Boris Johnson’s government is using Northern Ireland as a lever to gain advantage over the EU, Alliance leader Naomi Long has told a parliamentary committee at Westminster.
Ms Long told the House of Lords constitution committee that Northern Ireland was “not so much an afterthought as a political football” for Downing Street.
“I don’t believe the current government negotiates with Northern Ireland’s best interests at heart, but I do believe that they use us for leverage over the European Union,” she said. “And I do believe that Northern Ireland has become essentially a lever rather than the priority in terms of the protocol.”
Britain and the EU are negotiating changes to how the post-Brexit Northern Ireland protocol operates after the European Commission said most checks on goods moving from Britain to the North could be eliminated.
Britain is demanding that the European Court of Justice (ECJ) should no longer have a role in the protocol’s governance, but Ms Long said her constituents were more interested in practical issues.
“No one in my constituency has contacted me specifically concerned with respect to the sovereignty issues around the protocol, the European Court of Justice or those issues. Those are not the issues that businesses bring to us daily. Those are not the issues that are causing practical challenges.”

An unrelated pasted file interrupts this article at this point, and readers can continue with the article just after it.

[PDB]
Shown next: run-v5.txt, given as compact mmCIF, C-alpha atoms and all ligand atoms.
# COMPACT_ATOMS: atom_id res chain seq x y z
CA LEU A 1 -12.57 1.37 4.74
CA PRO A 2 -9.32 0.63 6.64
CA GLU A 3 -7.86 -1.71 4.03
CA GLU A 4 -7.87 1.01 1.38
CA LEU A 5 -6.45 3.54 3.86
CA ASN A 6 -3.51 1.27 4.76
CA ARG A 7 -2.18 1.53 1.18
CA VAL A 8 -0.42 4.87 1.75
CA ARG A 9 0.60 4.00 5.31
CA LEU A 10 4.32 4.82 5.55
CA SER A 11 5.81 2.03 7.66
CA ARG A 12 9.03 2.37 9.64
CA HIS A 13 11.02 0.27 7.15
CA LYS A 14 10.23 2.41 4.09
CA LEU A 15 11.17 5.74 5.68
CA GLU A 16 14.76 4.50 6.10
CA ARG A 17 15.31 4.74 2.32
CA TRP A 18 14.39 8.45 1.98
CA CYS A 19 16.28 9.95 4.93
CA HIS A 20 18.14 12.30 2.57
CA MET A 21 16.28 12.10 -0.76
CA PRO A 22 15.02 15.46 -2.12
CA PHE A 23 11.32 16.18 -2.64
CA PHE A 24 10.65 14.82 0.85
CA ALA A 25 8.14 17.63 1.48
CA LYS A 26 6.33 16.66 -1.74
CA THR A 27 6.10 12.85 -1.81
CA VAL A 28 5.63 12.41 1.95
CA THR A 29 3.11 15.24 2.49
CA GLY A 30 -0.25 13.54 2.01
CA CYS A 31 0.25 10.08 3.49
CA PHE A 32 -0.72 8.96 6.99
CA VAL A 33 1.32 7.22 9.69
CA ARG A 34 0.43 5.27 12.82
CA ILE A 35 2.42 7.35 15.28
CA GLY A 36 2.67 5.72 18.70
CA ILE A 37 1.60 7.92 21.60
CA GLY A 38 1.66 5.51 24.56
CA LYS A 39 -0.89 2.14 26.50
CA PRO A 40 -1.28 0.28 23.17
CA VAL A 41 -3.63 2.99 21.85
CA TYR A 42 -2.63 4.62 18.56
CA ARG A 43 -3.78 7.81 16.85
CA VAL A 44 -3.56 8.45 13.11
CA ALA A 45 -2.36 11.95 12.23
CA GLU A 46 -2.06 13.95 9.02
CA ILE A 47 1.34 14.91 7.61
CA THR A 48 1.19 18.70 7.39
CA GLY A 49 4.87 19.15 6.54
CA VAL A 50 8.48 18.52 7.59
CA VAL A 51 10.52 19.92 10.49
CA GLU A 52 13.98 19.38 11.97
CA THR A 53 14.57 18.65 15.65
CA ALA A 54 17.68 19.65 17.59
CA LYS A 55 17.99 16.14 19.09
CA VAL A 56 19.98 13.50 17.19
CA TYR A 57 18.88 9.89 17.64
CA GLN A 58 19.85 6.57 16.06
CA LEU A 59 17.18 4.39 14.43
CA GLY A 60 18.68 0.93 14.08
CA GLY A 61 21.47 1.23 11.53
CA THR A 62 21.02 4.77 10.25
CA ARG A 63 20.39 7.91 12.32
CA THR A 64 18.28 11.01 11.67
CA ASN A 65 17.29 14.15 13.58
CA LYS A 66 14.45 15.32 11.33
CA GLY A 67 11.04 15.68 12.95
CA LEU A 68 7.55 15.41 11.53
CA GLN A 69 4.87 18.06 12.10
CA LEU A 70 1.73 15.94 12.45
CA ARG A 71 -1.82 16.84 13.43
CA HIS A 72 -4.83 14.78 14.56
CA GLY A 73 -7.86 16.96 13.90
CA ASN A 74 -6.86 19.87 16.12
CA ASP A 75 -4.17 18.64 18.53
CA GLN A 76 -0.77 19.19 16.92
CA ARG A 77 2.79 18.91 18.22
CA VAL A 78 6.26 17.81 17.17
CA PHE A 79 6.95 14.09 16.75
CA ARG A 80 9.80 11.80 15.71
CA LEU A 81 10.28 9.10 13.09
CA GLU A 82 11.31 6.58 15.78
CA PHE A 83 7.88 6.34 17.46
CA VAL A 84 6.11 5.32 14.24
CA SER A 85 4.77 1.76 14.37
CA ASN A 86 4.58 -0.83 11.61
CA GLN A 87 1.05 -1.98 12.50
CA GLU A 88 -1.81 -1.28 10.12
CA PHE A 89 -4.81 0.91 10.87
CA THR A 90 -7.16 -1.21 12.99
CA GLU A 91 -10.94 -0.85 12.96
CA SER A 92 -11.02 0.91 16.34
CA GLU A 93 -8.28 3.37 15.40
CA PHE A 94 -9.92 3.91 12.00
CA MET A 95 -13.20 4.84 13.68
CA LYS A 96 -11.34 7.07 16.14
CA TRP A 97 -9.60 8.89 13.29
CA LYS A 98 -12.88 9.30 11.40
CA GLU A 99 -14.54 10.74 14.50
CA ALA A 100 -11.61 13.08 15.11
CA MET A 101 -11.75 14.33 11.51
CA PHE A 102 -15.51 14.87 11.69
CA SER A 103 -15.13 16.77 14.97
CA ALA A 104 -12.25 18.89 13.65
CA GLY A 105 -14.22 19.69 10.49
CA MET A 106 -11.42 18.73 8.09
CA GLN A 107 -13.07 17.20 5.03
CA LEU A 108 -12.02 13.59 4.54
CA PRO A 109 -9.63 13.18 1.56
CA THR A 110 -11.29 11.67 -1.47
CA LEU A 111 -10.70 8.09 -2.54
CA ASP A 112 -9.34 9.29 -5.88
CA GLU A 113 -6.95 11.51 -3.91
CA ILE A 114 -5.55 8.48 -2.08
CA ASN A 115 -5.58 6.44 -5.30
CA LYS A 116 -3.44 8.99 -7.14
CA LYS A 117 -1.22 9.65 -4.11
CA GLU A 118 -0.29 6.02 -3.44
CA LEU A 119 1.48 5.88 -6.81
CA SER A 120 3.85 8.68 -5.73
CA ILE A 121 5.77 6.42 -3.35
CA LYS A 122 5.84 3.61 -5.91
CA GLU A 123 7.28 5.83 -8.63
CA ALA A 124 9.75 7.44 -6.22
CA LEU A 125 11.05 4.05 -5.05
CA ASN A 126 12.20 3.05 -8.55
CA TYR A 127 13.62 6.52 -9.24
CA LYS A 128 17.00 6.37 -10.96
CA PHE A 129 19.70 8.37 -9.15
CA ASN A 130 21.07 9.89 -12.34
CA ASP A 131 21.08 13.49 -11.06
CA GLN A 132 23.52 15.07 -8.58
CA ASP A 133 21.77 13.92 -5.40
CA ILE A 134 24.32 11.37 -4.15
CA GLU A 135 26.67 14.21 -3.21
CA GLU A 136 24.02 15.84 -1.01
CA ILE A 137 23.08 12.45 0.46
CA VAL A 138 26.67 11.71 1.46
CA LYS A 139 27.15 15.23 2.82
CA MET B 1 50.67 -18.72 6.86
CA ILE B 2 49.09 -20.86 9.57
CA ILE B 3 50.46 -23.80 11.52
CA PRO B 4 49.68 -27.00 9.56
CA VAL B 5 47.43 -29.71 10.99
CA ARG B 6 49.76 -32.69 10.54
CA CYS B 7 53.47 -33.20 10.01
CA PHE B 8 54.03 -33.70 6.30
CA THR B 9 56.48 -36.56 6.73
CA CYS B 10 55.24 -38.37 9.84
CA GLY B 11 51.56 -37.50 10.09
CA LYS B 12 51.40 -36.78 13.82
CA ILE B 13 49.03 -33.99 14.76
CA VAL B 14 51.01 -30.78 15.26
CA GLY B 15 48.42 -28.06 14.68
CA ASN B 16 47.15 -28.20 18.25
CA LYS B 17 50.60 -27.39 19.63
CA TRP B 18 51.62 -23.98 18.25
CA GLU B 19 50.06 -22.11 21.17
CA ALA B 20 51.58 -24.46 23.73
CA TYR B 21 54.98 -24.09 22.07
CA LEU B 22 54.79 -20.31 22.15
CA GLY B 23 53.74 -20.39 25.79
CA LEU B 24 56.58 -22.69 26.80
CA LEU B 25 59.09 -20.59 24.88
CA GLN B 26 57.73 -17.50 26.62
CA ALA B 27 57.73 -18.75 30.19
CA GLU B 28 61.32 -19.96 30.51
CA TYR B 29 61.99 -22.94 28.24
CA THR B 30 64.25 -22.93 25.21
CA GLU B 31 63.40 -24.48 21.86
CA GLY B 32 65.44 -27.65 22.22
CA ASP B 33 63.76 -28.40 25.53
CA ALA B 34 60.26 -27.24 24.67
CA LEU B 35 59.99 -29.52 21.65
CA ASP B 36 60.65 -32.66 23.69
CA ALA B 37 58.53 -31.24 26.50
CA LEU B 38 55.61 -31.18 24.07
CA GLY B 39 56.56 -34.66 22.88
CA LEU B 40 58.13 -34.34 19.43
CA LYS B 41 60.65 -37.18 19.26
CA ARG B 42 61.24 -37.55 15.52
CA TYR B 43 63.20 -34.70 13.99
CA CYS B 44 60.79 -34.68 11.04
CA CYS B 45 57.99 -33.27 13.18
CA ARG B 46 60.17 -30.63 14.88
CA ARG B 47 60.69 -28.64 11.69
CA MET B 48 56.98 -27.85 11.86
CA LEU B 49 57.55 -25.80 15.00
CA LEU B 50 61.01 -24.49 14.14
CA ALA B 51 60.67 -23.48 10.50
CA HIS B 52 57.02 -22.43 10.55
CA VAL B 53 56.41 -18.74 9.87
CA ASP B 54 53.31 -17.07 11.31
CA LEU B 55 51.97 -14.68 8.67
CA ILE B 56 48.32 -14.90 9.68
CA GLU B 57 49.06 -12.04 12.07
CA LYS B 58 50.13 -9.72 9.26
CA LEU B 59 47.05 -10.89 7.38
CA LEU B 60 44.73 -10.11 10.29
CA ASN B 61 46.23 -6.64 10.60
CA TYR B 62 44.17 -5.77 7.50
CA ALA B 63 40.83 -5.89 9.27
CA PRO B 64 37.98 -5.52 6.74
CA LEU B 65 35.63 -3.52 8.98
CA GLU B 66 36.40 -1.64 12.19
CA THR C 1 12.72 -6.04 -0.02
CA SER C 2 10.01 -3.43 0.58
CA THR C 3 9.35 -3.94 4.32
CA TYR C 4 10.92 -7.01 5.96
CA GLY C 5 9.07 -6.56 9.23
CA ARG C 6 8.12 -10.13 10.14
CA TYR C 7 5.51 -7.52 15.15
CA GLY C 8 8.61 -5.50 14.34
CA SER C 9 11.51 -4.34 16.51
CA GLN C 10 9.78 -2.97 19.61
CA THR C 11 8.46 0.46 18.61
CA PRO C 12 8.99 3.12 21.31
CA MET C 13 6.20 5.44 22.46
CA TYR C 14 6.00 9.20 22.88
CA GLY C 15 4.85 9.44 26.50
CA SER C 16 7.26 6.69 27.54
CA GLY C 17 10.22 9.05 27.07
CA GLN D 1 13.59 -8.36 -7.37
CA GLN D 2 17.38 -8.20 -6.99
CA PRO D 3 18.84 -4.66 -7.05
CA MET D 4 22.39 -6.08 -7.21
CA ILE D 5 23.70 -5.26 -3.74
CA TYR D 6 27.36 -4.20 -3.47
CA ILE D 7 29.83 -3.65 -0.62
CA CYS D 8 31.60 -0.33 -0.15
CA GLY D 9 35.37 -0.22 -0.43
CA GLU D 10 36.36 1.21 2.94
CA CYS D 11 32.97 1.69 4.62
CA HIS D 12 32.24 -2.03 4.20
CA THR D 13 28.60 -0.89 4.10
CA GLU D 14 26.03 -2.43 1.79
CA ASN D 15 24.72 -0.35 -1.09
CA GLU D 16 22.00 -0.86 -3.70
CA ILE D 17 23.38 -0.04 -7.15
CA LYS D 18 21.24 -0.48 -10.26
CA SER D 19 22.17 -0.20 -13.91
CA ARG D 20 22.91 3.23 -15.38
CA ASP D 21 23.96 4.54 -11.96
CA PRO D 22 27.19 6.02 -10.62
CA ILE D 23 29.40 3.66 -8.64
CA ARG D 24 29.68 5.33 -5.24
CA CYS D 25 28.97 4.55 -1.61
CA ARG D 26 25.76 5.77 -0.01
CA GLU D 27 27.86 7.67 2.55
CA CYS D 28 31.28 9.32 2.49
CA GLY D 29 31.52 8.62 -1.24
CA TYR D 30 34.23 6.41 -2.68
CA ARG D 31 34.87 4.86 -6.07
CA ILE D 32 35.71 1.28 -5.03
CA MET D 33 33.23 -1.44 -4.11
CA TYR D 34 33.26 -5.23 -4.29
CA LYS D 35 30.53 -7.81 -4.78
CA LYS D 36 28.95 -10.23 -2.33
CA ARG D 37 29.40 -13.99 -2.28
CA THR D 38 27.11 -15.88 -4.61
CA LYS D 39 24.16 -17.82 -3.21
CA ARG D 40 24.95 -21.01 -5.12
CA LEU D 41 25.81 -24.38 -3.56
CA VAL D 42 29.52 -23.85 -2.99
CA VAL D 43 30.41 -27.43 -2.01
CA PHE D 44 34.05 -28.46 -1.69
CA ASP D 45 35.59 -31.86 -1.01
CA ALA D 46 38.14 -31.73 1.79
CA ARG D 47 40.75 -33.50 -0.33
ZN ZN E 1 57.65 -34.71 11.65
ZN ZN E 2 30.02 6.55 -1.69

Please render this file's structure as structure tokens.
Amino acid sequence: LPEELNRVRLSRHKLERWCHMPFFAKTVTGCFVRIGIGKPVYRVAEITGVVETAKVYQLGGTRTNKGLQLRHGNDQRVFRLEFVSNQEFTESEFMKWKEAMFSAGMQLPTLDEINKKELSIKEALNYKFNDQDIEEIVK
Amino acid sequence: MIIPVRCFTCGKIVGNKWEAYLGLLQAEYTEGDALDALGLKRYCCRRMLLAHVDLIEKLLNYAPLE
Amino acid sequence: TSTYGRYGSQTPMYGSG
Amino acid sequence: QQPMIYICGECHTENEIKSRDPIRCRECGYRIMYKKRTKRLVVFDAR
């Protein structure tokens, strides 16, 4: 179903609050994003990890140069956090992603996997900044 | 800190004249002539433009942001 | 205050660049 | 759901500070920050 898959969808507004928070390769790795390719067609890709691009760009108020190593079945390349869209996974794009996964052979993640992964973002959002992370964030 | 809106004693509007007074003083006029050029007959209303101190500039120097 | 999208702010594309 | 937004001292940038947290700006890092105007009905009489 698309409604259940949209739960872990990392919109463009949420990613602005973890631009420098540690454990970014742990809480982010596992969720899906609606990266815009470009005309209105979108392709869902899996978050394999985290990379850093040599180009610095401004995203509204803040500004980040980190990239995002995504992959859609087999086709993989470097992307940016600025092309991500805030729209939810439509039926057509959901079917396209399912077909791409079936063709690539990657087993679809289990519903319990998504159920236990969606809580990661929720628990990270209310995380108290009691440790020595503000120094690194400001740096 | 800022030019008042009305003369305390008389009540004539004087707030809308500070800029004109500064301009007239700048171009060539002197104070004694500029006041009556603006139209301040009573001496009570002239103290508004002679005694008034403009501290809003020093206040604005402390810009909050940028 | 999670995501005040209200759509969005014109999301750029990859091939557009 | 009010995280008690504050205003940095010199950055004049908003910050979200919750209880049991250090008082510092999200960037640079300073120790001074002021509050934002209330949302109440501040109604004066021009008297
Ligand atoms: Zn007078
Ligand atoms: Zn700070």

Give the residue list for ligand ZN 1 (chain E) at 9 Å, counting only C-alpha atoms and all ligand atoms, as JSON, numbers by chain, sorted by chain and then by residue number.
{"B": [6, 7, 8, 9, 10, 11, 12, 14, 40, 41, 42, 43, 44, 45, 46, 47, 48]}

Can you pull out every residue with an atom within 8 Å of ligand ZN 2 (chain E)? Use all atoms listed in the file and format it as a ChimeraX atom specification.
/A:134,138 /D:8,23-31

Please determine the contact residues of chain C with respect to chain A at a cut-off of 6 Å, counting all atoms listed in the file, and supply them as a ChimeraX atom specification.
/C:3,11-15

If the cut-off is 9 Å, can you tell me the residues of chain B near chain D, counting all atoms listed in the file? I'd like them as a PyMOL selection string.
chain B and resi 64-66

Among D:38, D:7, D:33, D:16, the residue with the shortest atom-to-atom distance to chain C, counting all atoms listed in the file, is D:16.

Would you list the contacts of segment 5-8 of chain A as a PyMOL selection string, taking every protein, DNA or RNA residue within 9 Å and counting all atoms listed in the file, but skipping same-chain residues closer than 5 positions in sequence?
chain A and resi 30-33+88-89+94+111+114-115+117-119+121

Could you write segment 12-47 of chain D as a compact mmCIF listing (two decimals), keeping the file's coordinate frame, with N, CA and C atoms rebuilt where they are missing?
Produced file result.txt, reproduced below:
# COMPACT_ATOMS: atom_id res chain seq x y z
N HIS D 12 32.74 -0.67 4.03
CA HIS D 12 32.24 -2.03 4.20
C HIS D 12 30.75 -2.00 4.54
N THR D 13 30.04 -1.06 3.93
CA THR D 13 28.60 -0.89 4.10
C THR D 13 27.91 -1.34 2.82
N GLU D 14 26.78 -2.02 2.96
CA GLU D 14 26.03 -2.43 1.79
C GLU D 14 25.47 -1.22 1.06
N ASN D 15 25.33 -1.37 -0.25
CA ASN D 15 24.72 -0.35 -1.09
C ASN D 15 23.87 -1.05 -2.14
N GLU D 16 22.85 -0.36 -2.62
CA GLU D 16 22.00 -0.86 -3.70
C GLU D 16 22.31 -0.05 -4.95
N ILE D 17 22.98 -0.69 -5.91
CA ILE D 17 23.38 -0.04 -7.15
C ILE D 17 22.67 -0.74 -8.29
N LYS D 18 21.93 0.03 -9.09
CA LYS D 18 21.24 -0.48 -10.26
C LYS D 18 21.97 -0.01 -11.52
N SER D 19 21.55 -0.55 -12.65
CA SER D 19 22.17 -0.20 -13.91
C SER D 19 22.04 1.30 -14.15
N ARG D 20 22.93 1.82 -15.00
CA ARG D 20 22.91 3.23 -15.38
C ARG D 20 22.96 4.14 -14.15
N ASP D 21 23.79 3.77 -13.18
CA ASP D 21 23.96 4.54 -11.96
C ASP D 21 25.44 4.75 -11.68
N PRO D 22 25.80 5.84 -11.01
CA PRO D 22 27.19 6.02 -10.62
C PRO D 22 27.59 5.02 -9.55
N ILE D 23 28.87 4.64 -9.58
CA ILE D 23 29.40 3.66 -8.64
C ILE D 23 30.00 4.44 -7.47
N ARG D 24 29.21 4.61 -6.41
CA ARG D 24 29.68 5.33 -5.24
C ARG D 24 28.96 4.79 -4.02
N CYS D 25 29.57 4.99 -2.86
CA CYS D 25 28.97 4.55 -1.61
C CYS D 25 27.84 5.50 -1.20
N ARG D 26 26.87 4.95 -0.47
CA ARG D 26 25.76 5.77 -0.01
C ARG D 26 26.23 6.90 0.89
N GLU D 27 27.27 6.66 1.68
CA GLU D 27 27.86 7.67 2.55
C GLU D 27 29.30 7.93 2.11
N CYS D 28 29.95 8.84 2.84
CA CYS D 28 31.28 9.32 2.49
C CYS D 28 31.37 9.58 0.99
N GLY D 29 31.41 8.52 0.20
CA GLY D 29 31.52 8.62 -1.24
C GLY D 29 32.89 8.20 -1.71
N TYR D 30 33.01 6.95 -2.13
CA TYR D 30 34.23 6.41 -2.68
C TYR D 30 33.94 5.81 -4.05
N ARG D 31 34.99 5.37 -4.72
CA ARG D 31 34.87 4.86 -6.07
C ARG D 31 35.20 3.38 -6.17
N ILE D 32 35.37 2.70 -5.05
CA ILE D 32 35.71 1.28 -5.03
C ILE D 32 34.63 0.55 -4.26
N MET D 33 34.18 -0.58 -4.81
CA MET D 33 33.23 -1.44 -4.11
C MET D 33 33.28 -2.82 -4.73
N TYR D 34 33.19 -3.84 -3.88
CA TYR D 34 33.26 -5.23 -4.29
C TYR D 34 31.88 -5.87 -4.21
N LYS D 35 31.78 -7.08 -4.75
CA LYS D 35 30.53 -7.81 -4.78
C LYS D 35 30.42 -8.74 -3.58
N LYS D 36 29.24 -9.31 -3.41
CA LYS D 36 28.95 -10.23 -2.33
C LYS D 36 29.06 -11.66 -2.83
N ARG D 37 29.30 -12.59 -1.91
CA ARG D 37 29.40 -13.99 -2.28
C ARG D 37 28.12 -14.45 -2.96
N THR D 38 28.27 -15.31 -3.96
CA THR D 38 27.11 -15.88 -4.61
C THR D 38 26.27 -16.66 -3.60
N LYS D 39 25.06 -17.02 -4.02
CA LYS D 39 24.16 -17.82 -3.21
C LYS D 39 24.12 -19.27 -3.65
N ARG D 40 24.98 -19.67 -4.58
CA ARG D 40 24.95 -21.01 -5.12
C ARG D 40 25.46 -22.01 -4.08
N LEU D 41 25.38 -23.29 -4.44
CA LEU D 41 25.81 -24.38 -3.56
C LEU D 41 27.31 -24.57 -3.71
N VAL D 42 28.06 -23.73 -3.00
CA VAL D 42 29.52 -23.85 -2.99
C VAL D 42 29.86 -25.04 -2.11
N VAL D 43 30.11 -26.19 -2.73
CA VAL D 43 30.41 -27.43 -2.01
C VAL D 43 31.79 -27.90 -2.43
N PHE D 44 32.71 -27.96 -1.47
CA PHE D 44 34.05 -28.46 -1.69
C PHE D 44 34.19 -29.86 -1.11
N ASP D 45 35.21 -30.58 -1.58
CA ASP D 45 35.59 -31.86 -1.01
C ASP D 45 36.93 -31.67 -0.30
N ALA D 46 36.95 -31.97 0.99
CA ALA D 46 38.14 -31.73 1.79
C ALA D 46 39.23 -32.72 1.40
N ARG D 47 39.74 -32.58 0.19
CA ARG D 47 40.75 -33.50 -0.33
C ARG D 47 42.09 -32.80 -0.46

Ms Long, who is Stormont’s justice minister, said the strain Brexit had created in the relationship between Dublin and London was affecting political relationships in Northern Ireland as well as North-South co-operation.
“It’s a bit like being the child of a divorce at this point where the parents are not speaking and the children are essentially vying for attention. It’s not a pleasant place to be,” she said.
Later representatives of Britain’s pharmaceutical industry told the House of Lords subcommittee on the protocol that the EU’s latest proposals go a long way towards resolving the issue of access to medicines in Northern Ireland.
They said some aspects of the proposal needed clarification and others could be improved, but they urged the British government to work with the European Commission to reach an agreed solution.
Earlier, the chief commissioner of the Equality Commission for Northern Ireland said political disagreements and an excessive focus on orange and green had contributed to a failure to enhance legal protections for minorities.
Geraldine McGahey told the Northern Ireland Affairs Committee that the North was in the “dark ages” on equality legislation compared to other parts of the UK.
“We are so caught up in orange and green issues and trying to maintain peace in line with the Good Friday agreement that the focus does not spread out over other issues in our society,” she said.
“We get to a certain point in terms of consultation or promoting legislative reform, and then our parties can’t agree and it gets put on the back burner.”